What’s trending now
Stagnating or declining incomes for middle class workers is a global phenomenon.
The McKinsey Global Institute reported that 70% of households in developed economies saw their earnings drop in the past decade.
In South Africa, the 2017 Salam Benchmark Survey found 73% of professional, middle class South Africans are experiencing financial stress and are struggling to pay their monthly bills.
The recent spate of student protests highlighted the plight of the so called “missing middle”; that is the fact that working and middle class South African families, who do not qualify for financial aid, still cannot afford to support their children through territory studies.
It is tempting to think that these depressing statistics are merely the result of a normal business cycle downturn in the business cycle. However, a closer look at the underlying causes reveals the middle class is in far more trouble than it may appear.
The rise of automaton and robotics threatens to increase global inequality and hasten the demise of the middle class.
Why it is important
The middle class is largely an invention of the industrial era.
Throughout most of history, humanity was divided between a wealthy ruling class and the poor majority. The industrial revolution changed that. Factory workers required large staff compliments to produce mass produce. These workers used their wages to purchase goods from the factories, feeding the industrial, consumer and economy. At the same time, the workers’ children were placed in schools. Schools had two functions: firstly to occupy children so their parents could work, and secondly, to produce more and better worker-consumers to feed the industrial business model. This cycle created the middle class as we know it today.
However, we are no longer living in the industrial era. The advent of the Internet and the technological revolution has moved humanity into the post-industrial, knowledge era. Big businesses are finding they no longer require all the middle-class workers schools are producing.
Globally, about half the activities which the human work force are currently paid to do has the potential to be automated with currently available technology.
High risk jobs include those in transport, logistics, service industries, and office and administrative support – in their words: middle-class jobs.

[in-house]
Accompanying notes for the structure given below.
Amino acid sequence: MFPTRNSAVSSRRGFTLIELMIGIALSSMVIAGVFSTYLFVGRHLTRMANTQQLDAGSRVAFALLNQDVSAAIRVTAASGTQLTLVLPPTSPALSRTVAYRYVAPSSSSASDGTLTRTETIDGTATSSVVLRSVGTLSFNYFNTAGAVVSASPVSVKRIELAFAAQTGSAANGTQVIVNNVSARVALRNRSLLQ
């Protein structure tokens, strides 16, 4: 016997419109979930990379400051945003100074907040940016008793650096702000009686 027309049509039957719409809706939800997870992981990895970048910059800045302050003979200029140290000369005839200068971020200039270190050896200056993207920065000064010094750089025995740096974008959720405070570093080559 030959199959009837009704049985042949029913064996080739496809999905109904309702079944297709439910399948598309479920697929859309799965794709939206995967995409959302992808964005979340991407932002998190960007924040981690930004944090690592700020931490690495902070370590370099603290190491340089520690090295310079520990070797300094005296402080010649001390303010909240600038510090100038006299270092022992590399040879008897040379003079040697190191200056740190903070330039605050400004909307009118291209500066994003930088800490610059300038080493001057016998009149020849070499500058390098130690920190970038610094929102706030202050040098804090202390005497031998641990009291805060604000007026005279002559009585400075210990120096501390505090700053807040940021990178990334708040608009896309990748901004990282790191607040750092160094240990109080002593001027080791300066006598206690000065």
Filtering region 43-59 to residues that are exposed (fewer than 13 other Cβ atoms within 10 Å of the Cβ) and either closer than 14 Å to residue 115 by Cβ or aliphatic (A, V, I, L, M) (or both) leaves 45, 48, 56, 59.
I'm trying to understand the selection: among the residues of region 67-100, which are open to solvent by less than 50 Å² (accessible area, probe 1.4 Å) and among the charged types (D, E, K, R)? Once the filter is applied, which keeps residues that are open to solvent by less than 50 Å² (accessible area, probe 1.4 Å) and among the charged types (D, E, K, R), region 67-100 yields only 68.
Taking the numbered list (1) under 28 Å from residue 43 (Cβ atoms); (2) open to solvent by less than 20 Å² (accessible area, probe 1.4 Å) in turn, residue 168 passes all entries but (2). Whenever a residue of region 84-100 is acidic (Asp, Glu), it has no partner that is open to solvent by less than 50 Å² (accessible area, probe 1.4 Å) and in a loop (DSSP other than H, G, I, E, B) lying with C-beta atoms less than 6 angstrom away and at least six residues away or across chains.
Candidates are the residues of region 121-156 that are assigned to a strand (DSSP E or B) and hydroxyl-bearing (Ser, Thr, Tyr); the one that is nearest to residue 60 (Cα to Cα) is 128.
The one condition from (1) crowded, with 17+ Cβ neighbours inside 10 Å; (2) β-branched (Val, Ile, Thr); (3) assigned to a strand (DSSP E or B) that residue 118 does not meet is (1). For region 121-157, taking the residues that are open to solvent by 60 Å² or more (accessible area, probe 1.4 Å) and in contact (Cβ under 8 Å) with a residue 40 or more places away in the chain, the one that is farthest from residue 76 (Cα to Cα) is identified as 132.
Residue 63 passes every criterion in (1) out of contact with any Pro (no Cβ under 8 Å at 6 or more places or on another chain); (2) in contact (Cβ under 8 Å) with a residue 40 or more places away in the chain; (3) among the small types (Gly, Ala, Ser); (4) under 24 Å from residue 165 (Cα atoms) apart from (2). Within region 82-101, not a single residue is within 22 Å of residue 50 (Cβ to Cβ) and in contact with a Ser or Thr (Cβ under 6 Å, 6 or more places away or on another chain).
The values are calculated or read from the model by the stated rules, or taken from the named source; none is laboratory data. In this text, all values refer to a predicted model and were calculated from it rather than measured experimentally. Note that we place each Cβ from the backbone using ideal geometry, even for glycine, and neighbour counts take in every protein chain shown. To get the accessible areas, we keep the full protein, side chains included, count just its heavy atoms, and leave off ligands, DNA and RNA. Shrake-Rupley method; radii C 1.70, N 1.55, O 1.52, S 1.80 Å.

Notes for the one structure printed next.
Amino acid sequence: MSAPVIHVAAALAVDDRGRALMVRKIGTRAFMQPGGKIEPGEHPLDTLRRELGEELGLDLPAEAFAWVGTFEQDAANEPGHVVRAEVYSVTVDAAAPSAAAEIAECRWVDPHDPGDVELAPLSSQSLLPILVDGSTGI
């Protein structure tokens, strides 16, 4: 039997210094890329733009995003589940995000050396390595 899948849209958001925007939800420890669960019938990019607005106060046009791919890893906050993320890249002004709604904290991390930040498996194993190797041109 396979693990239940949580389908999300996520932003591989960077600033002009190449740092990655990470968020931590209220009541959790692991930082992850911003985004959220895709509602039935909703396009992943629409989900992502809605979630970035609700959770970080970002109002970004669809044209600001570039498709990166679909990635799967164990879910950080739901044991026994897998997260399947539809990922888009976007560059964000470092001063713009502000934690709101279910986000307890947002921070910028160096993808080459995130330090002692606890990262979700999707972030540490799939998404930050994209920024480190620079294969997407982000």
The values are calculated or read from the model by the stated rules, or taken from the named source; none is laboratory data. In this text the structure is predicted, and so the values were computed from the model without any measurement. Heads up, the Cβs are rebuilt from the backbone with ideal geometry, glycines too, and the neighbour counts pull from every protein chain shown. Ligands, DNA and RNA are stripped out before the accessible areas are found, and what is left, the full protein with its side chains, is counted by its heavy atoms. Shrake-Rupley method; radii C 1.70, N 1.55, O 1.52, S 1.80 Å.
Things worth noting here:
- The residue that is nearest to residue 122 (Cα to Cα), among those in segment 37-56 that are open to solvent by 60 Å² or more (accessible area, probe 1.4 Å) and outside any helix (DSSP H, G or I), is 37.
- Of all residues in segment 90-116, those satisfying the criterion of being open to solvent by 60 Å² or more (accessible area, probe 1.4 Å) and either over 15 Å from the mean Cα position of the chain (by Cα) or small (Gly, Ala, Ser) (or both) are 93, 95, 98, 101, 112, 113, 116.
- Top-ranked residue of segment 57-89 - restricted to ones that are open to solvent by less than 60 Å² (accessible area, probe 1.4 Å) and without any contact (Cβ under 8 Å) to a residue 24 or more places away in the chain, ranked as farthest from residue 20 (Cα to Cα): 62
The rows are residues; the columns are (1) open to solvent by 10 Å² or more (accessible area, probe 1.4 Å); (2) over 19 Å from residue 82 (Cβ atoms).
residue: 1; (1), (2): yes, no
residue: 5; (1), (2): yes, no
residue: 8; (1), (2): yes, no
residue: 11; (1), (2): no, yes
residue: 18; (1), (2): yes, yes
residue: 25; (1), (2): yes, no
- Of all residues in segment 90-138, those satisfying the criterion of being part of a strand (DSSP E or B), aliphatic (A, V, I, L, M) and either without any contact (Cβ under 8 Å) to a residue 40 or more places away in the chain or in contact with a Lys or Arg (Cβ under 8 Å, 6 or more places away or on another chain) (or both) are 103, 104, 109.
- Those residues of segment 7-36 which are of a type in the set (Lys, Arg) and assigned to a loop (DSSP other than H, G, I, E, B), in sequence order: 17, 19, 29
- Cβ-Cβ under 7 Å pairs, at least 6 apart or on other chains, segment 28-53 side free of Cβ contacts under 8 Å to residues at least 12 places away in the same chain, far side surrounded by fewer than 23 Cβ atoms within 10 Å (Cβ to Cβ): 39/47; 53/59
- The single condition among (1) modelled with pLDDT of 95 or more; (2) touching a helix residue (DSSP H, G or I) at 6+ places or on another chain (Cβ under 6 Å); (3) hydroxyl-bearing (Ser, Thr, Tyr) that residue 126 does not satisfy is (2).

Not even upper-middle class jobs are safe: Chat bots are already replacing lawyers, financial advisors, and even GPs.
The butterfly effect
If companies can replace human workers with algorithms or robots, they will.
For example, the Changing Precision Technology Company factory in Dongguan, China, replaced 90% of its human workers with robots. Production per employee increased from 8,000 to 21,000 pieces – a 162.5% improvement. The defect rate average dropped from 25% down to 5%.
What business owner would chose a human work force over those statistics?
Robots do not consume anything other than energy and maintenance and, thanks to technology led by companies like Elon Musk’s Tesla, energy is getting cheaper all the time.
Robots add value to their owners without reciprocal consumption costs. This facilitates a dramatic redistribution of value chain profits to those at the top of the capitalist food chain.
To avoid a tiny robot-owning ruling class extracting and holding all the values for themselves, we need to explore better mechanisms to redistribute that wealth than currently exist.
Bill Gates, amongst other intellectuals, has suggested a tax on robots to make up for lost taxes from workers whose jobs are destroyed by automation.
In 2016, the European Parliament voted on a similar proposal for a tax on robot owners.
The bill was rejected by a narrow margin.
Other proposals by Elon Musk include instituting a Universal Minimum Wage – or even implanting chips into our brains to help us compete with our future robo-colleagues.
Some companies have responded by getting their human employees to train their future robo-colleagues, to be more ‘human’. Lola, an app-based travel company hired staff with the express purpose of training “Harrison”, the company’s specialist A.I (artificial intelligence) computer system to interact with human customers in a more natural, human manor.
The global hot spots
The first world.
Middle class jobs in America and Japan are actually more at risk than those in emerging markets, like South Africa. The Harvard business review found that 41% of South African jobs are at risk of automation, compared to 45.8% of American jobs and 55.7% of Japanese jobs.
This is because systems and process based jobs are particularly easy to automate.
Accountants (and what could be a more middle class profession than accountancy), for example, have a 94% chance of being replaced by machines within the next 20 years, according to McKinsey Global Institute.
By: Bronwyn Williams
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